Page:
How the Big 12 Got to This Point

You may have read an article I posted earlier this year about the Big 12 conference. That story discussed how the league is struggling to remain relevant in the NCAA landscape. It discussed the possibility of disbanding itself and allowing its members to find new homes. That one took a pessimistic view of that situation. I was a little upset about the news and was looking to vent some of my anger. I will be looking to change that outlook this time around. This one will be looking at it from a different perspective. A much more optimistic viewpoint. This article will be looking at adding colleges to keep the conference alive.

The conference was facing the imminent departure of two of its biggest schools. Those being Oklahoma and Texas. Those institutions will be joining the SEC no later than 2025. Losing these two names seemed like it would badly wound the league. The conference however will not go down without a fight. The Big 12 is reportedly exploring the possibility of adding new teams to itself. This move would give the league its best chance at survival. The key to all this is picking the right schools and them accepting the invitations.

I will focus on colleges that have not been a part of the Big 12 recently. That means institutions such as Nebraska, Missouri, Colorado, and Texas A&M will not be considered. They all seem to be happy in their new situations right now. This is probably for the best, too. They do not deserve forgiveness after dumping the conference for new ones anyway. This story will focus on brand new institutions only.

BYU to the Big 12

Brigham Young University sign on its campus "pictured here"

This school should be at the top of the list for additions to the conference. Brigham Young University (BYU) was named one of ESPN’s four most likely schools to join the Big 12. This makes a lot of sense for both sides. The school gets to join a legitimate conference for the time since leaving the Mountain West. The university was extremely good at football last year. BYU even lost a handful of games last season due to COVID-19. BYU was forced to schedule games with other teams on short notice just to keep their chance at making the college football playoffs alive. They are currently independents for football so they would not have to pay a fee to leave their league. It would also allow the Big 12 to expand its recruiting markets to the northwest. An area where they are currently lacking.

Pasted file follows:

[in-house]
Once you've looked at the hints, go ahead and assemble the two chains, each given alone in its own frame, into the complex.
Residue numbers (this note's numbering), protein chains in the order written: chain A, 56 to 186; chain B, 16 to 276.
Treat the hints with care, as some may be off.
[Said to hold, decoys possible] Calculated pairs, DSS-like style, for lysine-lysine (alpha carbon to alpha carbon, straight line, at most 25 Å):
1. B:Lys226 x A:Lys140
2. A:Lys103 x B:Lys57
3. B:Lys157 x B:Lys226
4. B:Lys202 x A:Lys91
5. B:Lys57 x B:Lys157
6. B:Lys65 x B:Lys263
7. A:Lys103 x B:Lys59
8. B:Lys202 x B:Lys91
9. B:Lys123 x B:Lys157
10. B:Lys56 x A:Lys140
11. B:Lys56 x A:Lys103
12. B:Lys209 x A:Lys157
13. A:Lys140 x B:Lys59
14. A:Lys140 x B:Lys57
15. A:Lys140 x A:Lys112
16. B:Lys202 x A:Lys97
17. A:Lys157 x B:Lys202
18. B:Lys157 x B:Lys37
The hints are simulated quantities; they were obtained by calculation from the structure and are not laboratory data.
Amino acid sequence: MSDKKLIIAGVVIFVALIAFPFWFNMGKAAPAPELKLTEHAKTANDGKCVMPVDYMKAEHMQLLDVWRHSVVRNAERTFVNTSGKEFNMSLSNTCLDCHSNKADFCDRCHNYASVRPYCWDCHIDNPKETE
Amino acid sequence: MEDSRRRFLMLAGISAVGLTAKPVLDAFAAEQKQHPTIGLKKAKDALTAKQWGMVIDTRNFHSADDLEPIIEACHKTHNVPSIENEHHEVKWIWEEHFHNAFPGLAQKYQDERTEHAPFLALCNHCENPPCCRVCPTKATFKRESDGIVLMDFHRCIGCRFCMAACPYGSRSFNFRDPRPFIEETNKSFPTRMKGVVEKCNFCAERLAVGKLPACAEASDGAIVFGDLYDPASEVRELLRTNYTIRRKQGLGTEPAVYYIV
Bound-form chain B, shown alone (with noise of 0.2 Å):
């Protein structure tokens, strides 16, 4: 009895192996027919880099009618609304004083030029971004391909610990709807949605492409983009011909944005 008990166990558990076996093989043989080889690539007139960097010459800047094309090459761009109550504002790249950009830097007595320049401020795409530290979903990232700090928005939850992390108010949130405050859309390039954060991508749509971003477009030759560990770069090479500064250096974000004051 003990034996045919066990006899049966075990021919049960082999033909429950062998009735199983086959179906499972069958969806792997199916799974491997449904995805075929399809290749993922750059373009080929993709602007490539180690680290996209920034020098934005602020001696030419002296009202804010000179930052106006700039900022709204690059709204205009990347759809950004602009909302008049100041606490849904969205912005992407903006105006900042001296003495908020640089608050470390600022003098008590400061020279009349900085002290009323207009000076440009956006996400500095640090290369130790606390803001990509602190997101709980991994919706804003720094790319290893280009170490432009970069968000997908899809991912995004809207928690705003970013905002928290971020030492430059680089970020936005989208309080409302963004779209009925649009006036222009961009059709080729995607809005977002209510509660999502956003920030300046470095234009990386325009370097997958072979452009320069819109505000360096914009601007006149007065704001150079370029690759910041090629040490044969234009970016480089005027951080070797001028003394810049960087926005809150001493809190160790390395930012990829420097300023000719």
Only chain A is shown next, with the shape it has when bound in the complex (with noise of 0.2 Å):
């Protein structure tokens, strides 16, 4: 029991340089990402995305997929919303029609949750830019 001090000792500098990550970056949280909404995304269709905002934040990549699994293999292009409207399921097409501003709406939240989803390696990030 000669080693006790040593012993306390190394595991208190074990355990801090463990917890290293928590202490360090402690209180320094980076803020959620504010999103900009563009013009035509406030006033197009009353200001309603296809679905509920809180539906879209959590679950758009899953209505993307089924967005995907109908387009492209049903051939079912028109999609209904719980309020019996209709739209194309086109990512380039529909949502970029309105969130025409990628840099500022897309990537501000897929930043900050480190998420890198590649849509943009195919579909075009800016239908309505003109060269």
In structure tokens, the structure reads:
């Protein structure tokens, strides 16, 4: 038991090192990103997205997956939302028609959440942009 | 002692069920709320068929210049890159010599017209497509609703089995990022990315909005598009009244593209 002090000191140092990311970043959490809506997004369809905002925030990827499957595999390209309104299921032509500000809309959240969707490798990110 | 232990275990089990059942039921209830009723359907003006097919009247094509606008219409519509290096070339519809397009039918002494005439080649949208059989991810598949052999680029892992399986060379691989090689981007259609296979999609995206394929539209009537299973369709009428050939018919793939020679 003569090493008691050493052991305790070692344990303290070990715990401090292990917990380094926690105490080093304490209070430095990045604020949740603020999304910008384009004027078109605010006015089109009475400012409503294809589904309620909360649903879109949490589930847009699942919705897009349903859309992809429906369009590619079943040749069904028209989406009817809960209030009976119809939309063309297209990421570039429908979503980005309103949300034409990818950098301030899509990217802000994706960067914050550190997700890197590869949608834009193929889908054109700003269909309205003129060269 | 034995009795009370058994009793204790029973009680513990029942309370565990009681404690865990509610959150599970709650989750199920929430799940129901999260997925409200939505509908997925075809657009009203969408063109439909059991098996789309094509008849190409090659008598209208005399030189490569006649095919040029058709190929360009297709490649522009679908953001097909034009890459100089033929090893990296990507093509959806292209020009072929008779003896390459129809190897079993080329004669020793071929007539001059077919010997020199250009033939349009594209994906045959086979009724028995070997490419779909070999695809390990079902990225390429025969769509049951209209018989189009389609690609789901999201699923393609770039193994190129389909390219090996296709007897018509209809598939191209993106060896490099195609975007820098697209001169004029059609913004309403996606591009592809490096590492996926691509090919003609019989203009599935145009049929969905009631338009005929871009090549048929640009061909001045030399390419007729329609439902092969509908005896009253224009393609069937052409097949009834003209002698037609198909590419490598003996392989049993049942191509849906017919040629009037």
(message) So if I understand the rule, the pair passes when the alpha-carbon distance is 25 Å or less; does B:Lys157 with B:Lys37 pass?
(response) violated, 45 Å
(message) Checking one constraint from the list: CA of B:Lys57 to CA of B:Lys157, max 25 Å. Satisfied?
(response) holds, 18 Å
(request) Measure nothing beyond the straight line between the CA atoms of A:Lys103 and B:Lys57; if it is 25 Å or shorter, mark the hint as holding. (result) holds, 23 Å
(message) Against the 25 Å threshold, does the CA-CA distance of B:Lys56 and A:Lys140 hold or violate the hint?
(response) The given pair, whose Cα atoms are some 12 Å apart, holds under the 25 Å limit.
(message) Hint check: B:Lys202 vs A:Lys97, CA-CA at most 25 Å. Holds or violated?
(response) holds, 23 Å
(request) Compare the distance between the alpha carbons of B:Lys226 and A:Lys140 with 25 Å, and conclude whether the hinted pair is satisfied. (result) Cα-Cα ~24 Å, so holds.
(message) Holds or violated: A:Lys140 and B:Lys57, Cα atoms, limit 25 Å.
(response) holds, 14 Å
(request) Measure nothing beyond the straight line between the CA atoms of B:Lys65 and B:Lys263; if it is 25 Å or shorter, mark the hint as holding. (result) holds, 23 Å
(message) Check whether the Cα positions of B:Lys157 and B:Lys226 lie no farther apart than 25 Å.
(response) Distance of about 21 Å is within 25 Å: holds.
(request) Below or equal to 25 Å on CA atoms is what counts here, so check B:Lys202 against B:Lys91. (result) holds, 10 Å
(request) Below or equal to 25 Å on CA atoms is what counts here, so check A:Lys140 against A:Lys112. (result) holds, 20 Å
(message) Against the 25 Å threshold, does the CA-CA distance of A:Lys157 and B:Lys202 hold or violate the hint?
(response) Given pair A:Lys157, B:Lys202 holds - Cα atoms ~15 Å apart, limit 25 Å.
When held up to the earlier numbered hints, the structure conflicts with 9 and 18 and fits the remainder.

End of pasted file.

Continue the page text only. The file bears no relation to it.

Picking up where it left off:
The only real hurdle for this addition to become a reality is what would happen to the school’s other athletic programs. Those sports are a part of the West Coast Conference. I am not sure how that would work out. The institution may have to pay a fee to leave that league. The Big 12 may even be open to the school joining them just for football. That is at least until they can leave the other conference without being penalized. Either way, the league should extend an invite as soon as possible before another one snags them.

Cincinnati and UCF to the Big 12

Cincinnati and the University of Central Florida (UCF) are listed together because they are so similar. Both are currently in the AAC. They also have had great football programs in recent years. Cincinnati has one of the best up-and-coming basketball programs in the country as well. They have been mainstays in the annual National Basketball Tournament for many years since changing conferences. The team would fit in nicely with the other prominent program at the University of Kansas. This would be making the Big 12 even more of a powerhouse in basketball.

A major issue here is the location of the schools. They are both long-distance journeys from the heart of the conference in the southern great plains. This may not be an issue though. West Virginia is already in the Big 12. It takes a while to get to that school as well. Add in these two institutions and it may seem easier. The other problem would be paying the fee to leave their conference. Schools would have to give the AAC 27 months’ notice and pay $10 million to the league.